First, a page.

Ethnicity in education

Assembly Bill 101 makes ethnic studies a graduation requirement for high school students, starting with the class of 2030



On Oct. 8, 2021, California Governor Gavin Newsom signed Assembly Bill 101, making Ethnic Studies a graduation requirement for the graduating class of 2030 and beyond.  The bill also requires all public high schools in California to offer at least one semester-long course of ethnic studies by the 2025-2026 school year.

A curriculum adoption committee for RBUSD will be formed next year to determine what will and won’t be adopted by the district. There are not many details about how the new bill will affect RUHS nor the process of implementing the curriculum.

RBUSD has a Race and Equity Committee (REC), which was created in 2020 because former and current RUHS students said the climate on RBUSD campuses, specifically RUHS, wasn’t as inclusive as administrators thought. RUHS Vice Principal, Marvin Brown, is the co-leader of the REC.

“I think that there’s going to be a greater level of sensitivity and understanding towards different cultures [due to ethnic studies],” Brown said. “It’s going to make us more well-rounded and we’re going to have a greater sense of education, understanding of human beings, our culture, and our nation than we’ve had in the past.”

Sarah Robinson, Spanish teacher and Department Chair of World Languages and Cultures at RUHS, believes ethnic studies will affect schools and students in an overall positive way.

“If students are never really exposed to systems of oppression, systems of colonization and their impacts now, they won’t know how to change them. When they’re learning about them, they can see how they’re developed and that will help them learn and realize how to change them in the future,” Robinson said.

Robinson is a member of the California Teachers Association and is the chair of the Civil Rights in Education Committee within that organization. This committee advocates for and works with legislators on bills related to civil rights, as well as helped create the model curriculum for ethnic studies in high schools.

“I think making it a requirement is the most important part because it shows the value that our state places on diversity and equity in education,” Robinson said. “The things that you require are the things that are important.”

On the REC are four students, including junior Sam Miller, who said she is “overjoyed” that the first steps are being taken to implement ethnic studies statewide.

“I think implementing ethnic studies is great. I think it’s necessary, and it’s going to allow people to see other perspectives that they haven’t been exposed to before,” Miller said.

Miller further specifies why she thinks the course is necessary and the relevance of it, especially now.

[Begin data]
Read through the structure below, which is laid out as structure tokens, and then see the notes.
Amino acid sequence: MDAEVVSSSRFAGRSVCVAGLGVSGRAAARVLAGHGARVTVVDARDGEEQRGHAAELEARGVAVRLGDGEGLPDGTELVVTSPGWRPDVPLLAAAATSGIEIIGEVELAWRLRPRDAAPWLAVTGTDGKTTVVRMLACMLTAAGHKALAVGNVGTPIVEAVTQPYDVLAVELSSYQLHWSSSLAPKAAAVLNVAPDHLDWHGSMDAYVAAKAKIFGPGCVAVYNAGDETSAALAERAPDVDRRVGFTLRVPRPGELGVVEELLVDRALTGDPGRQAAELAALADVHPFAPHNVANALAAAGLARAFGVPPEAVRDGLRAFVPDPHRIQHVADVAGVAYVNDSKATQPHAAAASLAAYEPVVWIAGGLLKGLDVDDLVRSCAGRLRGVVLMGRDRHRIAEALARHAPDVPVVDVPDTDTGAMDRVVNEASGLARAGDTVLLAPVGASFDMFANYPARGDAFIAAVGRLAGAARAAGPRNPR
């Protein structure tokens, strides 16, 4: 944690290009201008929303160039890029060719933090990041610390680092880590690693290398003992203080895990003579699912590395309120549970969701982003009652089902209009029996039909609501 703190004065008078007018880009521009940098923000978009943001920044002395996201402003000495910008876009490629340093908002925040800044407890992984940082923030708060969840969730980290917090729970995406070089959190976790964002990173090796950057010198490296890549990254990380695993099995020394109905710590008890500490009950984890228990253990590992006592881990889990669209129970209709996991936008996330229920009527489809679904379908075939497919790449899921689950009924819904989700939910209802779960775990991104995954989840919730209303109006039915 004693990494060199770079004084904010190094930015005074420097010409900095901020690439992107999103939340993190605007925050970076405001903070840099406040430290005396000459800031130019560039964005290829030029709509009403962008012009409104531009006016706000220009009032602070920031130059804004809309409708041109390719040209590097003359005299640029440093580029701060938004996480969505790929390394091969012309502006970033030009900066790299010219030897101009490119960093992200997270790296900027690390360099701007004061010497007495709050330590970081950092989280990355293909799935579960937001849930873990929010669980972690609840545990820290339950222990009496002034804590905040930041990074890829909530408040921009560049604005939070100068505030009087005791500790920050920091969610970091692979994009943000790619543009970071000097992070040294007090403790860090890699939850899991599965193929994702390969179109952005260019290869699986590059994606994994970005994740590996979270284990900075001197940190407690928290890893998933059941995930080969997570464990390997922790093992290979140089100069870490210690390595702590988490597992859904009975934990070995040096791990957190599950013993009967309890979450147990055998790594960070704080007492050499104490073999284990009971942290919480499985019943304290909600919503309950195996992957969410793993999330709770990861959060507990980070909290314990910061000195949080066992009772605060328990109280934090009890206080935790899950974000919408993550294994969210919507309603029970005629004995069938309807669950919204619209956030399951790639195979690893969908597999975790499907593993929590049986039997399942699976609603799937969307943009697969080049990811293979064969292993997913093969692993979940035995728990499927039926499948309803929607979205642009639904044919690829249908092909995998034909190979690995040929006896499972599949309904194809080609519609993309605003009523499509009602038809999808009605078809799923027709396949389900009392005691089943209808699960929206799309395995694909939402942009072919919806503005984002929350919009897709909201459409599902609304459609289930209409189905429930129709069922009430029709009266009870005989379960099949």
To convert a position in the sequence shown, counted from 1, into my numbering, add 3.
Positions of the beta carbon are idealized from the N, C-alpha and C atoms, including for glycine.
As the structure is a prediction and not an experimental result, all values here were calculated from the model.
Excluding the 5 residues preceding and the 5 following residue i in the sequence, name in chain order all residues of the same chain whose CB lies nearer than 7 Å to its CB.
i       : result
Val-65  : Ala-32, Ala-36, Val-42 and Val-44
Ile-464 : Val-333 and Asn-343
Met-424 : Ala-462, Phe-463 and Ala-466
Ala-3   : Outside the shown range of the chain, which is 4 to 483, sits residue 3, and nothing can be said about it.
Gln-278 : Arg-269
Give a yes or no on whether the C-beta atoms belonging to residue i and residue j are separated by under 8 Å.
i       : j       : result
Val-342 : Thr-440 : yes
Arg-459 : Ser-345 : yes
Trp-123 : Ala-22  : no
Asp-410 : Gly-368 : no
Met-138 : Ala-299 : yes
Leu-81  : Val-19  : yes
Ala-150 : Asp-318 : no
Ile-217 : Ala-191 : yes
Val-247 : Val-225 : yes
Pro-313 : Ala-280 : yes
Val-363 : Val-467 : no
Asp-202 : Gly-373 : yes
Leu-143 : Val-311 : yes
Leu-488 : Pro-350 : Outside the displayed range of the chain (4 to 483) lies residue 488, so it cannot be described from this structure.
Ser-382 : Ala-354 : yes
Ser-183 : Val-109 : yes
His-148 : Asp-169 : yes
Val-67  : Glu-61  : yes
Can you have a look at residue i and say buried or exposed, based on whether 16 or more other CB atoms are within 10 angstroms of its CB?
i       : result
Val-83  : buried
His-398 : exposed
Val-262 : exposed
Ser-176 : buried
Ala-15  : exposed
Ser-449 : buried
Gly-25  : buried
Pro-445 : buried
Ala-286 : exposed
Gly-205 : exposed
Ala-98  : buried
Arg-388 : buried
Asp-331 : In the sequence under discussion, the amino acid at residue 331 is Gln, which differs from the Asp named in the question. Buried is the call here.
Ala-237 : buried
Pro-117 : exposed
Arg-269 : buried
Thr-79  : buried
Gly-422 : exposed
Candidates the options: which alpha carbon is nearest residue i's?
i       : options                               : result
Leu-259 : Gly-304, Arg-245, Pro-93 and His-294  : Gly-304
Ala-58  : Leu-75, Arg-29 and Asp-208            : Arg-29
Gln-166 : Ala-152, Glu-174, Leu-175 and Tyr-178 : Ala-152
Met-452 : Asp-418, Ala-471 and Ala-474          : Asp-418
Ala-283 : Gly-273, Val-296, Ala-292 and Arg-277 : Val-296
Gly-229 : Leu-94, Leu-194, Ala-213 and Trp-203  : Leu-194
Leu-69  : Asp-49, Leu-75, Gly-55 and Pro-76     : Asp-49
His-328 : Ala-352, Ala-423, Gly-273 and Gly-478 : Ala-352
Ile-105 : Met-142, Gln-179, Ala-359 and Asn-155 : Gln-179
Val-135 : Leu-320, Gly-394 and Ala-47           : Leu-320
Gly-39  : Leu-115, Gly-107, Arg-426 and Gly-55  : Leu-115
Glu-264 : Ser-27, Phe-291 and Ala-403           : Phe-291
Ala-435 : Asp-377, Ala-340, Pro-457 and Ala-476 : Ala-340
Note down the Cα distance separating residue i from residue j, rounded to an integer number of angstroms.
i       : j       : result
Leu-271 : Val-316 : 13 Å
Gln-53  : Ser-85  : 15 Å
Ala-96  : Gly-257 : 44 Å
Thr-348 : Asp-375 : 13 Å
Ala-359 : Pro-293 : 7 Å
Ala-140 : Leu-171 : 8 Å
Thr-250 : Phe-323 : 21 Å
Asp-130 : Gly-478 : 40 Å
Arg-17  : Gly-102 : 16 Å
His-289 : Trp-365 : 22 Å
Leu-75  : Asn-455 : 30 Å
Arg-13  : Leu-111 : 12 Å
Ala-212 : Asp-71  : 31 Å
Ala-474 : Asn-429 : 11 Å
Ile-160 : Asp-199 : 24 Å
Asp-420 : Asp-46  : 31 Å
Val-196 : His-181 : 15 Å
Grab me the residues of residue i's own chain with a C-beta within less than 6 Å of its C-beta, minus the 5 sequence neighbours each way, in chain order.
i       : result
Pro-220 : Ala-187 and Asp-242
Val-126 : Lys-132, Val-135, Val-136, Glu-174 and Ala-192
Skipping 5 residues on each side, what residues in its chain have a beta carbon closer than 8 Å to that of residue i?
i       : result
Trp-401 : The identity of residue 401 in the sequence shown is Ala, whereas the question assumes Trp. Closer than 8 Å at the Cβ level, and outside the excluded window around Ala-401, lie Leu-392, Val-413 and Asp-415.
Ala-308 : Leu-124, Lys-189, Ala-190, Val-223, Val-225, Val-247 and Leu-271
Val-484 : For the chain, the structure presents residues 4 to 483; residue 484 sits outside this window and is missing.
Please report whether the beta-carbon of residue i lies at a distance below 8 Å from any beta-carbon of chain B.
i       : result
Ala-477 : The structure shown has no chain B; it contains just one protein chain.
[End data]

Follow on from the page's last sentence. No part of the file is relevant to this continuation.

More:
“Minorities not being able to learn about their history and culture makes them feel alienated and alone and like they are other and different,” Miller said. “Within the last year, I think a lot of us have realized that it’s time for change in our school systems, in the way that students are taught, and in what we are learning.”

Senior Kenny Thomas also feels strongly supportive of the future course and is critical of the current history and social studies curricula.

“[The current US history and social studies curricula] don’t tell the full story at all,” Thomas said. “We need to learn that there are more people that were in the civil rights movement, other than Martin Luther King and Rosa Parks.”

Thomas supports the mandating of the course, touching on the reality of high school students’ course selections.

“If it was an elective, you know people just wouldn’t want to take the class,” he said.

The current 900-page model curriculum for high schools was initially approved on March 18, 2021 by the California State Board of Education (SBoE) with a unanimous 11-0 vote. It has become the first statewide ethnic studies curriculum for high schools in the US.
The curriculum received over 100,000 public comments and took three years to get passed by the SBoE.

There are 33 lesson plans that schools can choose from. Using the curriculum is not mandatory, so schools are able to choose from its lesson plans or use it as a guide to design their own.  

Newsom had vetoed an earlier version “to ensure that the draft ethnic studies model curriculum achieves balance, fairness, and is inclusive of all communities,” according to a letter written by him on Sep. 30, 2021.

Students such as Miller appreciate the new course and feel that it is a step in the right direction to ensure that the future will be well-educated and considerate of other people, their history and how their history affects current day lives.

“I believe that exposure is the best way to influence tolerance,” Miller said.